The story doesn’t stop here. The foghorn hoax took on a life of its own. Other newspapers reprinted it with seemingly innocuous modifications that proved quite consequential. The ‘foghorns and other manufactured items’ part first became ‘foghorns and related manufactured items.’ The careful reader will notice that the second version covers much fewer items. While the first version could potentially include all manufactured items, the second version only covers a niche item and its similarly niche related items. The next version went a step further: the price directive was allegedly about ‘manually operated foghorns, etc.’ Finally, even the ‘etc.’ was dropped from the text. It didn’t take many iterations to complete the journey from a factually accurate yet misleading claim to an outright false claim.
The way the foghorn story underwent gradual changes reminds me of dialect continuums. Neighboring dialects may be mutually intelligible, but as you move farther away from a particular area, the dialects may become increasingly different to the point of being unintelligible. Similarly, the text of the foghorn story became distorted every step of the way. While we see the similarity between a version and the one preceding it, the difference between the original and the final versions seems abysmal.
A joke from Eastern Europe’s communist era illustrates this point well: "Is it true that they're giving away Mercedes in Moscow?" "Yes, it's true," reports the Yerevan Radio, "with one small correction: it's not Moscow, but Leningrad; not Mercedes, but Zhiguli; and they're not giving them away, but taking them."
Which rumors spread?
This rumor spread quickly because it was about something important, namely the bureaucratic and dysfunctional state. Additionally, the information surrounding the situation was ambiguous or uncertain, as specific pricing directives tend to fly under most people’s radars. As post-hoc and general explanations typically do, this explanation seems to fit the facts of this case perfectly. The real question, however, is not whether we can come up with a plausible-sounding narrative to explain why specific rumors took off. We can always do that. It is whether our theory makes actionable predictions that we can test on future data.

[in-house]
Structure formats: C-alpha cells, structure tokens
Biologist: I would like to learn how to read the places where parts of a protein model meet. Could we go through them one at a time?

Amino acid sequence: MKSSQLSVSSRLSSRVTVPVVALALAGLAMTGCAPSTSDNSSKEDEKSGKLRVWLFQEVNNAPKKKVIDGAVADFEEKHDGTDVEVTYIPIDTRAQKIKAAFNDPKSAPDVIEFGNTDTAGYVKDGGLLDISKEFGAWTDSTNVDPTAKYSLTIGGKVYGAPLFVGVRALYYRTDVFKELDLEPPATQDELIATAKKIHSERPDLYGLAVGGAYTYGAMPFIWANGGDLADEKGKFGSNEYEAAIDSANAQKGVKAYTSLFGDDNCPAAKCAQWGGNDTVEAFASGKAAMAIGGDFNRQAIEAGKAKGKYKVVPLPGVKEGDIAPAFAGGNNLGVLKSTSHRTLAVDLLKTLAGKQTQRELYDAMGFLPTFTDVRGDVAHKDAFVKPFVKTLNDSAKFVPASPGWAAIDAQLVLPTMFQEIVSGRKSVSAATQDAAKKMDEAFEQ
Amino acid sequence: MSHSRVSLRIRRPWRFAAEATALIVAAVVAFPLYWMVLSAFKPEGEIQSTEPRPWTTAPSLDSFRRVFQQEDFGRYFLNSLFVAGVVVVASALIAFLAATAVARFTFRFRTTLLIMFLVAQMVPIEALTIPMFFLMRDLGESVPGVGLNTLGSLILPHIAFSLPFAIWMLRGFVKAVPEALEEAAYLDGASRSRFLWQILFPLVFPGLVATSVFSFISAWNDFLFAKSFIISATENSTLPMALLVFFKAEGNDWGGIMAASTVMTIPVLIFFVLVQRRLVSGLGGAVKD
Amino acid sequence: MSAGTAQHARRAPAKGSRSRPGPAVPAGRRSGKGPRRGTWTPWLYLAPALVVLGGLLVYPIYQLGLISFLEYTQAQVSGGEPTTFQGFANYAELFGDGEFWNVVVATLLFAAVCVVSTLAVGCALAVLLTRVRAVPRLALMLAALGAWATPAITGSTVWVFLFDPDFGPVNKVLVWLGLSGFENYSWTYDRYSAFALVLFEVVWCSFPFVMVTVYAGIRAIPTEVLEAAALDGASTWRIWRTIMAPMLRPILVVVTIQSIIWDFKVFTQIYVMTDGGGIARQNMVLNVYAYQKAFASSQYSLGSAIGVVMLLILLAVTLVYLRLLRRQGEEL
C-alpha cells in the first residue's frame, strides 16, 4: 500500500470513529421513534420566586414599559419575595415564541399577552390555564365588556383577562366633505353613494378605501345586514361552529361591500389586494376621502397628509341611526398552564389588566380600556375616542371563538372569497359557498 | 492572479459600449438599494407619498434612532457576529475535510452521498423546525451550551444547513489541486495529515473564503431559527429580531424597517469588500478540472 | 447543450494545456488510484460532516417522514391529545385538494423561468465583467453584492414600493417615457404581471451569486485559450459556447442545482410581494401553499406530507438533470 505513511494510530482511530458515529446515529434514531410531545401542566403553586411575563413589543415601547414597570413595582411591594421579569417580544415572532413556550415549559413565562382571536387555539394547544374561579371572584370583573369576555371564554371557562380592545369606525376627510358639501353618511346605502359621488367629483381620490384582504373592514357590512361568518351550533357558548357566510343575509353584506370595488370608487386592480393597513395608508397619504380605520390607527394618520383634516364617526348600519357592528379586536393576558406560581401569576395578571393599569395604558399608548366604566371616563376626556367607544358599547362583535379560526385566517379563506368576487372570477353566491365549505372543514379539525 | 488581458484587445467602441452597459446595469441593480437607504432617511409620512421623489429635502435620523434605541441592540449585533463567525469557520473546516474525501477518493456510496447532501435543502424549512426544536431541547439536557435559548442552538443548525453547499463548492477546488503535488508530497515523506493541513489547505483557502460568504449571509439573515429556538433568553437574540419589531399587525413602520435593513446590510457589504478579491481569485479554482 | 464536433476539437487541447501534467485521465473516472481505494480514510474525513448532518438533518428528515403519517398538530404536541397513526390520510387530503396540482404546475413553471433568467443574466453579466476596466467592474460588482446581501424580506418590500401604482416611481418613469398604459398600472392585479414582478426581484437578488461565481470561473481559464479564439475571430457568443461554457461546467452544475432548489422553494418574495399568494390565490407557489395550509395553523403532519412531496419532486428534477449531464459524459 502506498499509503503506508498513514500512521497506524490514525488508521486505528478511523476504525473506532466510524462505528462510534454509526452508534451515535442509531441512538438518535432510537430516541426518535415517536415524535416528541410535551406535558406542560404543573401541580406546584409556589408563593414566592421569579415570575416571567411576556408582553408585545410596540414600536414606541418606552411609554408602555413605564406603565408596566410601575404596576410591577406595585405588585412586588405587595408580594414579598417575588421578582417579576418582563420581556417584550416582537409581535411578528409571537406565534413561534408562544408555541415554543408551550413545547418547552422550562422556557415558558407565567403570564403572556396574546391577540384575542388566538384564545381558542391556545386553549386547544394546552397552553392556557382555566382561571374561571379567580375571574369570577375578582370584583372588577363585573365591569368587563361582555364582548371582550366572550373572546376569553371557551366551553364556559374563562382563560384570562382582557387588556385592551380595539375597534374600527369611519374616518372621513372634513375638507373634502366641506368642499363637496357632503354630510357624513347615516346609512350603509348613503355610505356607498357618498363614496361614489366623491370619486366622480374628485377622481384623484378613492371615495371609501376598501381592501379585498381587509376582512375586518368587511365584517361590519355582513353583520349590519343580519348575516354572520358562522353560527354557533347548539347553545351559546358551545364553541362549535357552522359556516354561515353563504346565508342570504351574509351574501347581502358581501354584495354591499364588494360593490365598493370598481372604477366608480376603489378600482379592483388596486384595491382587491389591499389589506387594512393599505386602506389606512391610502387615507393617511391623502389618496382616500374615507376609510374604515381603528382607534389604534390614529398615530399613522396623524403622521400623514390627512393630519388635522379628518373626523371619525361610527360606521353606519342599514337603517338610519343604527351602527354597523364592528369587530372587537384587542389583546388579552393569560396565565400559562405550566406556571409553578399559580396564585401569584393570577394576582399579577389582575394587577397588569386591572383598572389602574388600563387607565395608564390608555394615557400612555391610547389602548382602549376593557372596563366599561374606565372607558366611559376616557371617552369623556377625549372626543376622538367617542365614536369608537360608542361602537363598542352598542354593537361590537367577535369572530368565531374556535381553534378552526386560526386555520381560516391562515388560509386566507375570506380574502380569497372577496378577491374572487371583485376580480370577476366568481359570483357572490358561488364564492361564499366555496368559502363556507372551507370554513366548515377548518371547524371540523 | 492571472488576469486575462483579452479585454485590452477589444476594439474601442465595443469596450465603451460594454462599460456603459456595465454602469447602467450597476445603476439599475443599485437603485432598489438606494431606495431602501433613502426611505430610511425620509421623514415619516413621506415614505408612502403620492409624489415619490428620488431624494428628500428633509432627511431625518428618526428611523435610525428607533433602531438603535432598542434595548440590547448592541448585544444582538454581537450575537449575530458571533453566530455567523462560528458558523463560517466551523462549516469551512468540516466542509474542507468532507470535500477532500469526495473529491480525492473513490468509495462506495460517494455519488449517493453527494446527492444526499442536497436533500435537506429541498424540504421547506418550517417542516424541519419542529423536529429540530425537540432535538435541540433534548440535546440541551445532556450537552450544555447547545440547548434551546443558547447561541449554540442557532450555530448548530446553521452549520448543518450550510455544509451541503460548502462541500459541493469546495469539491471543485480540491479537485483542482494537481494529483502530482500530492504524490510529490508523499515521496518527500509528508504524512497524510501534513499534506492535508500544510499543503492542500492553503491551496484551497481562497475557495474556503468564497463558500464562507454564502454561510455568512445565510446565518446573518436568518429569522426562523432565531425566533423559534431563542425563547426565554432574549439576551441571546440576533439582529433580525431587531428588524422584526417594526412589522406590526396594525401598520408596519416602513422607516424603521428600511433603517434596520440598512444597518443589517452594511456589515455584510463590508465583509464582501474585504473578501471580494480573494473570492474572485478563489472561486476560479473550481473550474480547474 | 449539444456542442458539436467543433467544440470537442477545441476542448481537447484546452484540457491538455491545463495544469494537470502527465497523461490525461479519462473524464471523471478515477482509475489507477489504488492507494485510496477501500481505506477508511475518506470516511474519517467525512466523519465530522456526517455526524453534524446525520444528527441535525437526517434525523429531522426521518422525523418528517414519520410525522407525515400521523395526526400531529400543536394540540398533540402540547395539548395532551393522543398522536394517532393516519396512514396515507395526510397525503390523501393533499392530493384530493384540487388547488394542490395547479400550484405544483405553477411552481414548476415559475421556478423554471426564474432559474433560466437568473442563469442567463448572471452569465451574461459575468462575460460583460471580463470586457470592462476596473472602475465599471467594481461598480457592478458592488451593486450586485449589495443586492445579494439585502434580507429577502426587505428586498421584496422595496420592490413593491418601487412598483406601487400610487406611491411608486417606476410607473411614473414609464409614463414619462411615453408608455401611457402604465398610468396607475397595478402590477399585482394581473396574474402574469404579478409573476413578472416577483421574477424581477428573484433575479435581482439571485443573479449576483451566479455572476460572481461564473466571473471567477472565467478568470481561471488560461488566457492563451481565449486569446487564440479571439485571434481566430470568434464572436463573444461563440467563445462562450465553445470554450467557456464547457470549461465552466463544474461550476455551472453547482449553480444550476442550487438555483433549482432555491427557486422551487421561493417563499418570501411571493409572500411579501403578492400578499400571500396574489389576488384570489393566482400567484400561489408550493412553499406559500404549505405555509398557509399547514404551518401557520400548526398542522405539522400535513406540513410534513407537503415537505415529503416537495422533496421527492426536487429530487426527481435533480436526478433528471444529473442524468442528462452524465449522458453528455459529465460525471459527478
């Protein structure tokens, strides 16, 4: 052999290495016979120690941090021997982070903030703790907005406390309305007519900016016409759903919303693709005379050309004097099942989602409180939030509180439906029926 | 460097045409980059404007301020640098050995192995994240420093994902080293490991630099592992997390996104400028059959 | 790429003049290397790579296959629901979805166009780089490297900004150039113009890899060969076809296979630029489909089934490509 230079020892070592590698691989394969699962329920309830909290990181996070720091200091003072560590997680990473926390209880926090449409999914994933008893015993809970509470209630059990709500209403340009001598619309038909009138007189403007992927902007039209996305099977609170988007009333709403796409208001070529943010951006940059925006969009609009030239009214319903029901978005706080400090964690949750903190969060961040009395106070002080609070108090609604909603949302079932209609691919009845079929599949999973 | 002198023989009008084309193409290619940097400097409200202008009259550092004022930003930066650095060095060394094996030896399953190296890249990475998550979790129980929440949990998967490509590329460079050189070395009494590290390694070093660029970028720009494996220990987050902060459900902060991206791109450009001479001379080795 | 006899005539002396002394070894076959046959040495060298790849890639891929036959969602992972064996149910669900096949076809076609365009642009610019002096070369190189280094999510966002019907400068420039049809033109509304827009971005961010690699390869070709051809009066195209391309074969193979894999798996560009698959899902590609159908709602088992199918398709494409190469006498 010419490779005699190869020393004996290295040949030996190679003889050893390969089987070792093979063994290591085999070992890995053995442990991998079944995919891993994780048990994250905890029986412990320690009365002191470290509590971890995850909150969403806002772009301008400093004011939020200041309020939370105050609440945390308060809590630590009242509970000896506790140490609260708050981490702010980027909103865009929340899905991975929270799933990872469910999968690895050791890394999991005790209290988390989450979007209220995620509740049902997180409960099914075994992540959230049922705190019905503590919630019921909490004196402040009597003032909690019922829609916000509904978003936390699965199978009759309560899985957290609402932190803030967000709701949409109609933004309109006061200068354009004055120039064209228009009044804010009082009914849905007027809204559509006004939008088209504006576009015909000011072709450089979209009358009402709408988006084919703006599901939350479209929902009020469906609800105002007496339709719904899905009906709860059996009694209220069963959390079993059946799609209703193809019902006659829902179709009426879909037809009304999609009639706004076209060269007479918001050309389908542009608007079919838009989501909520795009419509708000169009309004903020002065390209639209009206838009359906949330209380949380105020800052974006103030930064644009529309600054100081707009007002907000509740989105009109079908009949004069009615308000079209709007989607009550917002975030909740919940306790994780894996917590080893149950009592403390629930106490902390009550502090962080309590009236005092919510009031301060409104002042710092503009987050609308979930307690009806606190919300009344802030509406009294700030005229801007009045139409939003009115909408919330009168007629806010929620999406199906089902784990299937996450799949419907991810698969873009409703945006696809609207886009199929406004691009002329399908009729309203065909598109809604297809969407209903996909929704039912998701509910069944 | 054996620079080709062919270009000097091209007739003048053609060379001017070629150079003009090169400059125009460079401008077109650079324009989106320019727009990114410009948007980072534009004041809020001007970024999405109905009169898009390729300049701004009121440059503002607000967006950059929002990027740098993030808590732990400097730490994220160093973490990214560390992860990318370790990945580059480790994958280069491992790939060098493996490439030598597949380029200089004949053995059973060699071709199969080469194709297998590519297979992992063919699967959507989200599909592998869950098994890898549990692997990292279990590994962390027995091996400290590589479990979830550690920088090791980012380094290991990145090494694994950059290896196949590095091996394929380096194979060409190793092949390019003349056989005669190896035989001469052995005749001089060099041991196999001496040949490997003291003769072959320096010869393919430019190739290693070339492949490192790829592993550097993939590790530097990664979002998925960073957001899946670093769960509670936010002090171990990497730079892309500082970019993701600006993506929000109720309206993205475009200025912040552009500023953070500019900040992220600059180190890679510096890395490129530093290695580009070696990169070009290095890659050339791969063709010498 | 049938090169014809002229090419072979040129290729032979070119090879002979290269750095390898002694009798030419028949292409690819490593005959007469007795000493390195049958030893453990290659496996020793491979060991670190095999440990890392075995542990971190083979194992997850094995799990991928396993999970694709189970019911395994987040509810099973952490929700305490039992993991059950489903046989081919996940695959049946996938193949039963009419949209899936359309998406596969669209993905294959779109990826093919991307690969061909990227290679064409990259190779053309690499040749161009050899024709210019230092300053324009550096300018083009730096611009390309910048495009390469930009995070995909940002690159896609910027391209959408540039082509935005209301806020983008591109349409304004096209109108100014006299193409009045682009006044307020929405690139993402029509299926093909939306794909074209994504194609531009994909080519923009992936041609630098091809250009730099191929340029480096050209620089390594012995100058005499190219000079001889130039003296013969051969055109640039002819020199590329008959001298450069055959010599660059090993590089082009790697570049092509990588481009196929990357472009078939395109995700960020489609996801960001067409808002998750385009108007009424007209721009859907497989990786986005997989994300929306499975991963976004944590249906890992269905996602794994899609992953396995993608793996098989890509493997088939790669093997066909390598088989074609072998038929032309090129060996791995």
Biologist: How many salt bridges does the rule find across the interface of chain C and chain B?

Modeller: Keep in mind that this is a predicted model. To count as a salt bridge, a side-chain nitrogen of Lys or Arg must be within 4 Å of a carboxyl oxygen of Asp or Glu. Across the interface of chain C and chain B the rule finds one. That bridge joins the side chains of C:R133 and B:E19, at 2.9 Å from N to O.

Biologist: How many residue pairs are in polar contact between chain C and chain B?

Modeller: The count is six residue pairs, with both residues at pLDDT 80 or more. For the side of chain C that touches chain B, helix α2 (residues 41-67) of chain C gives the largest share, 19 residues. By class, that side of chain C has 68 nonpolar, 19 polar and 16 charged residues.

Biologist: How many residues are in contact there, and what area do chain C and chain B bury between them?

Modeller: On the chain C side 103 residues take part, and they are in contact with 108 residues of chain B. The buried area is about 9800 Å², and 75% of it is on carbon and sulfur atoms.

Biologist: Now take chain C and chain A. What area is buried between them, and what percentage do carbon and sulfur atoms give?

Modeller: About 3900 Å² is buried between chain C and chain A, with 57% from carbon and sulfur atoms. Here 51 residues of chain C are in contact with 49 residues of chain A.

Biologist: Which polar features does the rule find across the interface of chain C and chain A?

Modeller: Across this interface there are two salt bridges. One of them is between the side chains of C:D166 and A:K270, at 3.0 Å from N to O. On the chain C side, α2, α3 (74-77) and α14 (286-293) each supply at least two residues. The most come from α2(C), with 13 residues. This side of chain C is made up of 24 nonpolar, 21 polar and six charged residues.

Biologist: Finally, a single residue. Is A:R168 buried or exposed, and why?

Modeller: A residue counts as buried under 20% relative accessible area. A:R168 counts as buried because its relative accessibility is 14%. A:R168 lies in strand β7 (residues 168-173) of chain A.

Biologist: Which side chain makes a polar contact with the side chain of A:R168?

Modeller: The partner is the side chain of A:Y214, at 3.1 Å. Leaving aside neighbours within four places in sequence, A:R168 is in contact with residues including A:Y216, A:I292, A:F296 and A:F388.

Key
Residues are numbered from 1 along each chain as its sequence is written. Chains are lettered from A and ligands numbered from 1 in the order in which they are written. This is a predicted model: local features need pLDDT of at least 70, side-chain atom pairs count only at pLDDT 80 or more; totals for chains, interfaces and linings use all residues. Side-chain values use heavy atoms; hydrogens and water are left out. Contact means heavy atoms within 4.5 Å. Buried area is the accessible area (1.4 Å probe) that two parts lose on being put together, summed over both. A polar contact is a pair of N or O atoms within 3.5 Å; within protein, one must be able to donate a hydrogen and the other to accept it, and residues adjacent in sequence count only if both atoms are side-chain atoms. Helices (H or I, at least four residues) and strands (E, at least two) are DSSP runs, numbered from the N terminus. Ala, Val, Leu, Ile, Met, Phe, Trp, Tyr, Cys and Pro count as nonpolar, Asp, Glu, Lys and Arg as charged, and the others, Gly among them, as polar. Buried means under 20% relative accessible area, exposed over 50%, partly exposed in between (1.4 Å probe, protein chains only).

Manufacturing rumors that consistently succeed is extremely difficult—if not impossible. For instance, secret services, political activists, and estranged lovers have been in this business for a long time, and their track record is mixed at best. Similarly, if we look at the rumor’s modern cousin, the viral tweet, the conclusion remains unchanged.
As in many other domains, there is an asymmetry: The absence of relevant factors leads to failure, but the presence of relevant factors doesn’t guarantee success. For example, a rumor about the party affiliation of a president will almost certainly not take off because the information can be easily checked. In contrast, if it’s about the same president’s secret lovers, tooth brushing habits, or mental health treatment, the rumor has a larger chance of succeeding because reliable and verifiable information on these topics is difficult to come by. In absolute terms, however, the chance of success is still very small even when the relevant factors are present. If we consider one thousand a priori feasible rumors, we can be relatively confident that a handful of them will become successful, yet we cannot predict which ones.